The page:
The Ghost of Arianism in the Church Today

 Heresies are like weeds. They keep coming back. The thing is, they come back in different guises. In the fourth century Arianism was part of the great debate over the divinity of Christ and therefore the definition of the Holy Trinity.

In the course I am teaching at Avila Institute on How St Benedict Changed the World we spent part of Monday night’s first session discussing the heresy of Arianism. The heresy began with the teaching of Arius in the mid third century, and spread throughout the Empire. Missionaries from the Eastern part of the empire went North and the Gothic tribes were converted to Arianism. In our discussion of Benedict we pointed out how, when he was a young man studying in Rome around the year 500, Italy was ruled by the Gothic king Theodoric the Great who was Arian.

Arianism developed into not just a theological problem, but a major schism. The Arians had their own churches, their own bishops and their own temporal powers,  like Theodoric, supporting them. At the core of Arianism was a denial of Nicene christology. Put simply, they believed that Jesus was the “Son of God” but he was not the second person of the holy and undivided Trinity who took human flesh of his blessed mother. He was, instead, a created being–a demi god and therefore subordinate to God the Father.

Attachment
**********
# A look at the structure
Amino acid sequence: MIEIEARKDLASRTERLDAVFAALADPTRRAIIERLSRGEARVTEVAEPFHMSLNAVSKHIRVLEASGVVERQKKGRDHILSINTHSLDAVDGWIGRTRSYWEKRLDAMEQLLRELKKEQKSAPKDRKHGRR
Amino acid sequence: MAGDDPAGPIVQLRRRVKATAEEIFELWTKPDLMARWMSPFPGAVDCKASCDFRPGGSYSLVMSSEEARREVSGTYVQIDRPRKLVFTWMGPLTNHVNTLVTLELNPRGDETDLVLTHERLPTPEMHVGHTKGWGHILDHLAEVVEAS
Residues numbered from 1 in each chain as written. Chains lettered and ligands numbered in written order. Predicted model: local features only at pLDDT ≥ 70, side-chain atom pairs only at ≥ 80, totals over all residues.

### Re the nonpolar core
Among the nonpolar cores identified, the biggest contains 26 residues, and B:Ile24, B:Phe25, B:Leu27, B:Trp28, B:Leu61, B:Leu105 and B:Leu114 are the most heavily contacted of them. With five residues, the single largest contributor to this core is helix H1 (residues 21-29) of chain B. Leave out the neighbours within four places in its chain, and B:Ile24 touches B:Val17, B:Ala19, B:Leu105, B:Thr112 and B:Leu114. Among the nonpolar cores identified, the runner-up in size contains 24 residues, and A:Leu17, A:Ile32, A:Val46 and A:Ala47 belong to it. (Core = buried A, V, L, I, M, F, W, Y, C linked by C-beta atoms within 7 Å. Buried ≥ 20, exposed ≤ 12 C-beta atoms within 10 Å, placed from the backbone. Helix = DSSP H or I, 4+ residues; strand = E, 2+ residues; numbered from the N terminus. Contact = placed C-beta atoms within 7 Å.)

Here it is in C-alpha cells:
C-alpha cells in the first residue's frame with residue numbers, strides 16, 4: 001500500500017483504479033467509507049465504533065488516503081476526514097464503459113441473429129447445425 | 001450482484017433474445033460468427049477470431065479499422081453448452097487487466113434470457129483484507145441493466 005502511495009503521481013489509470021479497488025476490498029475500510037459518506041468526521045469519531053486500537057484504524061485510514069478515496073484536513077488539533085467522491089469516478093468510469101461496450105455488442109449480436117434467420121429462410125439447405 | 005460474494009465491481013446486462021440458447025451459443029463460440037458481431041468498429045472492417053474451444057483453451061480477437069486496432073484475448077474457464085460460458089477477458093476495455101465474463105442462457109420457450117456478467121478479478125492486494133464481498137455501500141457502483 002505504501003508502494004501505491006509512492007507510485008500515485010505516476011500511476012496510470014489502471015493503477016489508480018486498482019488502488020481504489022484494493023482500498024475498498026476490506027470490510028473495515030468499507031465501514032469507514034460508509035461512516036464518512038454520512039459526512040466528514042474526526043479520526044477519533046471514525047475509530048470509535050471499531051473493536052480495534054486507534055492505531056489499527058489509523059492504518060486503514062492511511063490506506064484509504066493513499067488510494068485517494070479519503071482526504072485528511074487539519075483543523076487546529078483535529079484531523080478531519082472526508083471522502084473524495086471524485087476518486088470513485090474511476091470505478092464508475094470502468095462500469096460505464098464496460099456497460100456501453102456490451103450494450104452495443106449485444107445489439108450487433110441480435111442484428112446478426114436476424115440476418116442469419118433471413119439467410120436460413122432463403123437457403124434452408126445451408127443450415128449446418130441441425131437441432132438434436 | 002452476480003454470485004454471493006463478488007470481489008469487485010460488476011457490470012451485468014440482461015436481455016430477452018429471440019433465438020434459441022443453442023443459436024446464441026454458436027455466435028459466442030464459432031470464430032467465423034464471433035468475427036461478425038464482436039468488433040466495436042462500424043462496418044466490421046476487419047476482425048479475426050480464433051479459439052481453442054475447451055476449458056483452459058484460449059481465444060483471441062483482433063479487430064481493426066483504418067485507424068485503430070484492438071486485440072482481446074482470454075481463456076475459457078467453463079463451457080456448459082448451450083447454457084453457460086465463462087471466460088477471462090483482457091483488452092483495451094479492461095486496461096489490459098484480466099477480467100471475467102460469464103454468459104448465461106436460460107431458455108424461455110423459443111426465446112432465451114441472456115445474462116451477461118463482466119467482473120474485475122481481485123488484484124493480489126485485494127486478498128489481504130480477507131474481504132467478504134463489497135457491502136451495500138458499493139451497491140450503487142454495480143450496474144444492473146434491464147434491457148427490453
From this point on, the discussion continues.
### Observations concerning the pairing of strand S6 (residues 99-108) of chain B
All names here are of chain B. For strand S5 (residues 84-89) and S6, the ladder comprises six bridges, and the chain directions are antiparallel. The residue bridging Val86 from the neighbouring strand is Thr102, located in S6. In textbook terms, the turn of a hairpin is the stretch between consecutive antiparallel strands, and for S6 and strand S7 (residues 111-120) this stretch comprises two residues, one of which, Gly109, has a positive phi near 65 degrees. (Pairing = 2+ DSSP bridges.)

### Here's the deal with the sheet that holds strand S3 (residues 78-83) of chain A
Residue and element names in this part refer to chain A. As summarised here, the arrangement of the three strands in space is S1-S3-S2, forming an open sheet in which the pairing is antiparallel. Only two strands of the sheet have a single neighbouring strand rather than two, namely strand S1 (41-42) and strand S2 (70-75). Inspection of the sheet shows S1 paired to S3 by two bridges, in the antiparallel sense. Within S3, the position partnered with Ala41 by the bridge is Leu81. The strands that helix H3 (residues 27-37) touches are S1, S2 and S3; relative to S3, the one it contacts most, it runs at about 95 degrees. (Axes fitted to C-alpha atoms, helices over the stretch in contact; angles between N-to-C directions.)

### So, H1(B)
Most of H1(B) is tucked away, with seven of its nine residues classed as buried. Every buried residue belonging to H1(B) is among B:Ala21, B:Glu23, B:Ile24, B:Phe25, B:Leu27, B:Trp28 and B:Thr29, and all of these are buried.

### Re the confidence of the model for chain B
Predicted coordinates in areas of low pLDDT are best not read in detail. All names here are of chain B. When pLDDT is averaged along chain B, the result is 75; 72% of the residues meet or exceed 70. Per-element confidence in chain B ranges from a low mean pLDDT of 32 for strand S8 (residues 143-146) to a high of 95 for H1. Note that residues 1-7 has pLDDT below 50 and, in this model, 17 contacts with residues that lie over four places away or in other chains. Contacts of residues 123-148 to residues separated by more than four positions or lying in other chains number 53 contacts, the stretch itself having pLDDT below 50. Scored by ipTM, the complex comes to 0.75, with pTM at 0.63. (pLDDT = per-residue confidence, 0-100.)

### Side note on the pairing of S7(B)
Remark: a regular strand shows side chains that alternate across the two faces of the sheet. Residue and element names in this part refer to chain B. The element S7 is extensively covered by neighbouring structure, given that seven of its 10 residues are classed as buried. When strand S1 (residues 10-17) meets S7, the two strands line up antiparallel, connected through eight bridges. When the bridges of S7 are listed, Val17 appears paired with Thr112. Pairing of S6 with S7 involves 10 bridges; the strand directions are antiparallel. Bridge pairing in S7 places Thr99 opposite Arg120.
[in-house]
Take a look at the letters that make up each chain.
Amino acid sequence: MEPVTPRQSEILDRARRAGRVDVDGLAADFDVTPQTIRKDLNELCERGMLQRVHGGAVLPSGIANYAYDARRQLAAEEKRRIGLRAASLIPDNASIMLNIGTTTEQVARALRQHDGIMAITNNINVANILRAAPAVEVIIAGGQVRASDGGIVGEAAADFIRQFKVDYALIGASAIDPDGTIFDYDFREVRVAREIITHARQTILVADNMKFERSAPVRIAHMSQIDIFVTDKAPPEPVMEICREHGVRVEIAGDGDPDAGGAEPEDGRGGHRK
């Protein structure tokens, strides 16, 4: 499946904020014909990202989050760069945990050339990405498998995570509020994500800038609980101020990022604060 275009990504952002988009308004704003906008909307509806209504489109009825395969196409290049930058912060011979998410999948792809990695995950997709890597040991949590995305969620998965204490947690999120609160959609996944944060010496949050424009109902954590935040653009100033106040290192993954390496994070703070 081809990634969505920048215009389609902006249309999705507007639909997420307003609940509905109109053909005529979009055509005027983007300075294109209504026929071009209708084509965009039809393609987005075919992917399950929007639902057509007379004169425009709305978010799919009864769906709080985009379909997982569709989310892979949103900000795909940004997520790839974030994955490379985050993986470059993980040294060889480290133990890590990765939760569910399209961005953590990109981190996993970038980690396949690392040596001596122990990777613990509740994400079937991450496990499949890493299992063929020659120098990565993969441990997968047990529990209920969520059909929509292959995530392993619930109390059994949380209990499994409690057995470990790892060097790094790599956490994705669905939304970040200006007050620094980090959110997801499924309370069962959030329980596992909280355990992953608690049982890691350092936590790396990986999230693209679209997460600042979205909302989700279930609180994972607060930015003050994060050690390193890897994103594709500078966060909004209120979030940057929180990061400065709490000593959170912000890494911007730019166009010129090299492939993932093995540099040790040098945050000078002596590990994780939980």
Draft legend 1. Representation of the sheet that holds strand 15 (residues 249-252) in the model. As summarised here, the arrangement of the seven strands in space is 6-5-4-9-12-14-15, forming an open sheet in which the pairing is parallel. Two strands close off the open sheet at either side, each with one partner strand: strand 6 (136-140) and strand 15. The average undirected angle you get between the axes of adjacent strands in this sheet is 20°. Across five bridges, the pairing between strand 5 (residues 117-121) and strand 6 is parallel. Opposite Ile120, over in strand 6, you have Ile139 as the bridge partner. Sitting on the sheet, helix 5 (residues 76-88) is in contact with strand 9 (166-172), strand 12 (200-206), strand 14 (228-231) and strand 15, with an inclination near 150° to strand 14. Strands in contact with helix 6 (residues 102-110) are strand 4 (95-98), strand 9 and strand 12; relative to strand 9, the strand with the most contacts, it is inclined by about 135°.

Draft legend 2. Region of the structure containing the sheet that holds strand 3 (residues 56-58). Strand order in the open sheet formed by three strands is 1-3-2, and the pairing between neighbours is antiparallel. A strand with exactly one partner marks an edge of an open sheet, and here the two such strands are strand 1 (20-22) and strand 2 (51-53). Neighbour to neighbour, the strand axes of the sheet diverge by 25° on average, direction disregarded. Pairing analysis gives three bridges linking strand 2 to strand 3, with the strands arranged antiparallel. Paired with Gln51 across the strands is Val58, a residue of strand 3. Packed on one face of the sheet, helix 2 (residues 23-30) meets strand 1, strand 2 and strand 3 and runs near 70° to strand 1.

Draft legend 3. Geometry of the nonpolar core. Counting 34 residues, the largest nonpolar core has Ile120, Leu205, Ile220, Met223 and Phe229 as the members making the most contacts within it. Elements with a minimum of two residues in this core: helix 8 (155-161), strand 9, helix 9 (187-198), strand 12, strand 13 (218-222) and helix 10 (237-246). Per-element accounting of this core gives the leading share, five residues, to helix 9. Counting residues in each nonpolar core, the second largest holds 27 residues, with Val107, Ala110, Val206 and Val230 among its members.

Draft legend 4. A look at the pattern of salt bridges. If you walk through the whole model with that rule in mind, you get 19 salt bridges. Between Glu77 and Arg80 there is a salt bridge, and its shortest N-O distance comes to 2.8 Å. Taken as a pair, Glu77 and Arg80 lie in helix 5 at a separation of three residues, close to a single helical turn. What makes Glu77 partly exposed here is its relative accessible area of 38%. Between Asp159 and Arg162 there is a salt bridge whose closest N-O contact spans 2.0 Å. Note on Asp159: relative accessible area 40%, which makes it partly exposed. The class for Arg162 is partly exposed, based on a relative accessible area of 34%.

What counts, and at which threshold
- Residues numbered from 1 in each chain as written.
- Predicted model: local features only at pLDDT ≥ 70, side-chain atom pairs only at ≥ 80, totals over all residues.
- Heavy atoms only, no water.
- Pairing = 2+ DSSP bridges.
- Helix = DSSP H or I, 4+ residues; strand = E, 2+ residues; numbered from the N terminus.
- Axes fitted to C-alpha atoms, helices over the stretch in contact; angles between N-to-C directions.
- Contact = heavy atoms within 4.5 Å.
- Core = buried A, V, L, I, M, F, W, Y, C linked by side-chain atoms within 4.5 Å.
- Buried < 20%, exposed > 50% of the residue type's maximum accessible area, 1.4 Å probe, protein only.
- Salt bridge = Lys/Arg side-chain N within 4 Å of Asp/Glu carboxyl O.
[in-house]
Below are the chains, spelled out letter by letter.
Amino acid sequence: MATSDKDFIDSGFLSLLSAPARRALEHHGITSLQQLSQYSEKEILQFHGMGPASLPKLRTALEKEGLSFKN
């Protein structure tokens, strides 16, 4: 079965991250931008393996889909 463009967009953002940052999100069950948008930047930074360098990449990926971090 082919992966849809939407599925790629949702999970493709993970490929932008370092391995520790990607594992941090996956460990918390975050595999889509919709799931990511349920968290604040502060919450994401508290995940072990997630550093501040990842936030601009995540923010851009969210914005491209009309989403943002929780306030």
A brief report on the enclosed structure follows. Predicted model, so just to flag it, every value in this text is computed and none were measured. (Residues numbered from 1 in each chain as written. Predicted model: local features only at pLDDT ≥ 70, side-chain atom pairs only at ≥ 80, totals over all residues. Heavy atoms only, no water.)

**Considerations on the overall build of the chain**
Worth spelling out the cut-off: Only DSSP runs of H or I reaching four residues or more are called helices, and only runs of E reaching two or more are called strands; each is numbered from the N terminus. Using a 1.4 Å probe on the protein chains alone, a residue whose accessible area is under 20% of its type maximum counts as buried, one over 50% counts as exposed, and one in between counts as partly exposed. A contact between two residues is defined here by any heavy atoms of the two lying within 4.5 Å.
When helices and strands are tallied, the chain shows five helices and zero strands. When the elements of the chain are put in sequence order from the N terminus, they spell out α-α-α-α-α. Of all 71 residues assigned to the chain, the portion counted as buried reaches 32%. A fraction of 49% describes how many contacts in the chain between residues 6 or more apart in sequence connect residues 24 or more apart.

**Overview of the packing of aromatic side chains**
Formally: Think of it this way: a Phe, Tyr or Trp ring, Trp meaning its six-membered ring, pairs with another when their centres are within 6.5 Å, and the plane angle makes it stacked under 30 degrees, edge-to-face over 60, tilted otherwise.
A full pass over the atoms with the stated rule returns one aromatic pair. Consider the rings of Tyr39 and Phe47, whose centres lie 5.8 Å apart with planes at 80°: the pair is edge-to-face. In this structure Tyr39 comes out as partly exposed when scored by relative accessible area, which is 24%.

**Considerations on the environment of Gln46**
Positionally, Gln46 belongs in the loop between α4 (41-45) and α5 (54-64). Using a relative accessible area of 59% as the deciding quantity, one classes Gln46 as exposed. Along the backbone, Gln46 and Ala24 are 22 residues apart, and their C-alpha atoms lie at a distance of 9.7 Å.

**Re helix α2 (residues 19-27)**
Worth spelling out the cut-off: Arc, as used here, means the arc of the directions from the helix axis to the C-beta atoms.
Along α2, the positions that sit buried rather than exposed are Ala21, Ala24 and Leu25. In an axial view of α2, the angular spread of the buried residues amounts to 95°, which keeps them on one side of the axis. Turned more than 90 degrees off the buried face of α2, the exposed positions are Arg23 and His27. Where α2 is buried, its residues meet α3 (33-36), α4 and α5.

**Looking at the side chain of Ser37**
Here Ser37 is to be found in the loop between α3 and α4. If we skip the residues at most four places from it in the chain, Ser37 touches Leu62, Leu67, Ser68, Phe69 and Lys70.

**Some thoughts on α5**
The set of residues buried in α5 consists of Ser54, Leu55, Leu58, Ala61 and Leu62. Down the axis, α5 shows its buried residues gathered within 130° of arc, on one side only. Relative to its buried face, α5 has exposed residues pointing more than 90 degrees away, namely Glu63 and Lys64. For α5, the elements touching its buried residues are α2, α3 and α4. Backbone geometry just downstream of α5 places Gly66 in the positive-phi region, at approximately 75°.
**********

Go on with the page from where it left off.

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Deep Roots in a Whirlwind World

Today’s memorial for Sts Timothy and Titus is a lesson in apostolic succession. St Paul ordains the next generation and hands his apostolic authority on to Timothy and Titus. This should remind us of the astonishing fact of the continued existence of the Catholic Church. Apart from the survival of the Jews, the survival of the Catholic Church is one of history’s most amazing realities.

Of course I realize that there are other ancient religions. Buddhism goes back to the sixth century BC and Hinduism is even older, but both religions have existed at a cultural level rather than a formal institutional level. Catholicism is not just a cultural and spiritual entity, but is also an institutional entity. It has buildings and canon law, a hierarchy, a formal structure and is composed of a whole integrated system of philosophy, morals, liturgy, spirituality, economics and ethics.

I often think of this as I am vesting to say Mass. I wear the alb, don the stole, pull on the chasuble and think how odd and wonderful it is that I am a man in America in the 21st century donning the robes of a Roman patrician from two thousand years ago. We are blessed to worship in a beautiful new Romanesque church which echoes the basilica churches of Rome and as such we worship in continuity with the past in a way that is real, solid and substantial.

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